This is one of those offers that tends to get me in excessive hot water with the naysayers but, I’ve received so many inquiries regarding the affirmation of its existence that the best way to showcase the answer is to allow you taste it at home...
The inquires began with a round of BI offers a month ago (another appeared this morning for large formats), which is not uncommon as many of you read European retail offers and ask me if I can secure the wines instead (so they do not have to be shipped via DHL or FedEx from Europe - especially in the summer). This offer was particularly difficult to source as the wine is technically not commercially available nor is it even “technically” offered for sale by the Chateau in question. It is not tasted at the en-premier tastings and they do not even acknowledge its availability.
This Sauternes, from a memorable vintage in Bordeaux (2010) and a particularly memorable harvest in Sauternes (before the rains) is not only a curiosity satisfied but it is also darn great wine, even by the scrutiny of unforgiving critical standards. As this property does not produce a second wine (they do bottle a dry white but not a second sweet wine), it makes the collector take particular note as the first wine of the property is among the most admired and collected in the world (the 2010 trades for $300-400/375ml and $600-800/750ml with prices that rarely, if ever, decrease as the years tick away).
With the single most rigorous picking regimen in Bordeaux (each worker is assigned specific plants and tiny plots to watch over – yes, this is serious), the grapes are plucked one at a time from each cluster at the exact moment of their intended perfection. If a grape does not meet that standard, it is put into another basket to be discarded (or vinified dry) or it is placed into yet another basket to be vinified as the first wine but watched as the barrels progress. If the “watched” barrels do not age into their 100pt intent, the barrels are set aside.
The funny part?
Most of the grapes in the “set aside” barrels are only a touch below the others in standard (i.e., when you’re looking at prime steaks, they are all of a certain quality but a few my be just a notch above/below the others). To keep their reputation around the world and at auction the very highest in winedom, the Chateau does not want any of this wine in the hands of other bottlers, properties or even consumers (fear exists that consumers who become used to a high level of “second” quality will think twice about supporting the first wine – although, in my opinion, that would not occur as a market exists for both – See Carruades de Lafite/Forts de Latour).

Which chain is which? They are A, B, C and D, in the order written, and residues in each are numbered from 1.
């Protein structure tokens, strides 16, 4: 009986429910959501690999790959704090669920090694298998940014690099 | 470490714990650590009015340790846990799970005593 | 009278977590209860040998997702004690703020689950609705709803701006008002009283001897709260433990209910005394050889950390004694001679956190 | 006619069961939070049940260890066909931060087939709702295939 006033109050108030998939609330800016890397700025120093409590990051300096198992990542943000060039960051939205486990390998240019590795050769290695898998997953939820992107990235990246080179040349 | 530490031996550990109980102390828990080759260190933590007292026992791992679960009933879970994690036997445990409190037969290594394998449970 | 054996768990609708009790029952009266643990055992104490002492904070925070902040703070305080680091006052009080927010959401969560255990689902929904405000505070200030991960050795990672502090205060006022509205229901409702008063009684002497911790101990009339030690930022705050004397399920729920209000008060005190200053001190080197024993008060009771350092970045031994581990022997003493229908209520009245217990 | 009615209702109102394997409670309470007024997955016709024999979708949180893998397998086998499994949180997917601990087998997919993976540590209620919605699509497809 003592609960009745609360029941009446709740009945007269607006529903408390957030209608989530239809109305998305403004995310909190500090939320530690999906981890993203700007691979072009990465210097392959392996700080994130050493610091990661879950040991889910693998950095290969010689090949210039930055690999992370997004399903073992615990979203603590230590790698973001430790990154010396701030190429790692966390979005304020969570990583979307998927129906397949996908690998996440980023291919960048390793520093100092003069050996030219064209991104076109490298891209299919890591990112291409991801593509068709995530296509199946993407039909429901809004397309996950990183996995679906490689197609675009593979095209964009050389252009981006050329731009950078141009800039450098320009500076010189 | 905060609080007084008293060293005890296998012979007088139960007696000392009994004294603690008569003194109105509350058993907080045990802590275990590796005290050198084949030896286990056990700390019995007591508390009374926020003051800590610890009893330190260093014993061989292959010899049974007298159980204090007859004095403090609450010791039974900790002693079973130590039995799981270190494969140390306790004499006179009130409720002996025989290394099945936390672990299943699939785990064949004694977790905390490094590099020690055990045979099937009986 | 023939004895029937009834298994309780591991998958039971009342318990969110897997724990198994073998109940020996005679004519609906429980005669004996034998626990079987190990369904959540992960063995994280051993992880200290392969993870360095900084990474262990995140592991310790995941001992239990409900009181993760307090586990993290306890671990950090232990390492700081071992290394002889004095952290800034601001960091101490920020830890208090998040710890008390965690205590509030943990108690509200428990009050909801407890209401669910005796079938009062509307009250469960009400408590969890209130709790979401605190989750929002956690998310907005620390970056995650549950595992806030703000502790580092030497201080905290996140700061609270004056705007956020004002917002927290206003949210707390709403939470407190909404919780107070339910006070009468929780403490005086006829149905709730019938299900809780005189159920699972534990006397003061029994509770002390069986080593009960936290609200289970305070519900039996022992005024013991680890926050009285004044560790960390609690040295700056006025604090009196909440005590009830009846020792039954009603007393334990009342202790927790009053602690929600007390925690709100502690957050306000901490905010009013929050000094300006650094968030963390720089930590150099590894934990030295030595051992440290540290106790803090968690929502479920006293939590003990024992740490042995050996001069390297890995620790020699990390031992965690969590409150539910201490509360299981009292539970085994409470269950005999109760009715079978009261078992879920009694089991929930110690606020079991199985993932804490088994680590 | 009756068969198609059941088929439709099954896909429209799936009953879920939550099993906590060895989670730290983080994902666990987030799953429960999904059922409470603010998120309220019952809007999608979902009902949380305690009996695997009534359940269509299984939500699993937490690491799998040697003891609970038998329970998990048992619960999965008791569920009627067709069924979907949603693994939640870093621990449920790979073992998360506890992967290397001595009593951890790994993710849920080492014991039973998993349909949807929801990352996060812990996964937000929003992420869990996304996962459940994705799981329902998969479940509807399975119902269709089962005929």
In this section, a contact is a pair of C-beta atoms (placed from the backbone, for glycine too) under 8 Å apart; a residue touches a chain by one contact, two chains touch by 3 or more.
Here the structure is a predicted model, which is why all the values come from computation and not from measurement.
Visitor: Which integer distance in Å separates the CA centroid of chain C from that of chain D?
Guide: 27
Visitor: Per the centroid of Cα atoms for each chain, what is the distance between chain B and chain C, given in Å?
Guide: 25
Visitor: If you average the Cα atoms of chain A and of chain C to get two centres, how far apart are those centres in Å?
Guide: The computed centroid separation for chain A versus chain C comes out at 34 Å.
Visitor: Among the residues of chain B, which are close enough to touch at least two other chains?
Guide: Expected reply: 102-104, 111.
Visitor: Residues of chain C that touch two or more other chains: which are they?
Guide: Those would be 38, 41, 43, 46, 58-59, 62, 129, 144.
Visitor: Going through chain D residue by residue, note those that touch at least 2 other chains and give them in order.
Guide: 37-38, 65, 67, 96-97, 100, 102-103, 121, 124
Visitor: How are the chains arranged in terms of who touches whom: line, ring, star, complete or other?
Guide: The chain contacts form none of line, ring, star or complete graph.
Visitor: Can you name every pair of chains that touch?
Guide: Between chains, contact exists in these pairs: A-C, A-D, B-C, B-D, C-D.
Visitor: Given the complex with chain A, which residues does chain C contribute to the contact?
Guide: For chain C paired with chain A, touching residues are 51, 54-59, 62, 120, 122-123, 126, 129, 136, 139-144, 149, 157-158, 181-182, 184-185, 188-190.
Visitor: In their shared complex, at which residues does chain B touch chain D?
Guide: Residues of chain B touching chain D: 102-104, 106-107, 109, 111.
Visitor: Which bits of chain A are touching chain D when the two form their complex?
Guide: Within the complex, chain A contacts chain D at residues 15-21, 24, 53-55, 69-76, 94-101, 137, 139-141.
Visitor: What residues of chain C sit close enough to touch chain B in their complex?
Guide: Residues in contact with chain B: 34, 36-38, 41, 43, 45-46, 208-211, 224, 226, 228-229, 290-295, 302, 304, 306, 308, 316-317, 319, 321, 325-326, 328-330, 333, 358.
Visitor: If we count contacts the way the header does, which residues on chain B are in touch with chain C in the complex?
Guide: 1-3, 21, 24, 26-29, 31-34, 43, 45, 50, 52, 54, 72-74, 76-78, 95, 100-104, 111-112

So, instead of bottling it as a “Forts” or “Carruades” and offering it for $150-250/750ml (as 99% of every other estate would do), they give most of it away to their employees and friends as gifts. There's no name on the label and nothing to trace it...but those that have tasted it know of its quality.
This year, we were able to acquire a small amount of this ridiculously rare wine that really isn’t meant for trading at all. I'm not sure any has ever come to the US in a retail sense (except for the European retailers sending it directly to consumers) and I'm not sure if any will again. This is not about brand-building – this is about a one-off opportunity to sample something that NO ONE in your tasting group has ever seen or will (most likely) ever see again. We cannot show you photos of the labels but, I believe, BI has them on their site.
LEGAL DISCLAIMER: Garagiste makes no claim as to the origin of this wine, the Chateau in question or to the quality of said bottled contents except for the fact that it may or may not be excellent, live for several decades and may or may not be one of the finest Sauternes deals for the curious/”I have everything” collector we’ve ever come across (i.e., you may have cases of 1969 La Tache in your cellar but you do not have this. Can you imagine the look on your collector friend’s face when you give him/her one of these for their birthday? Even Bepin Desai would nod in approval).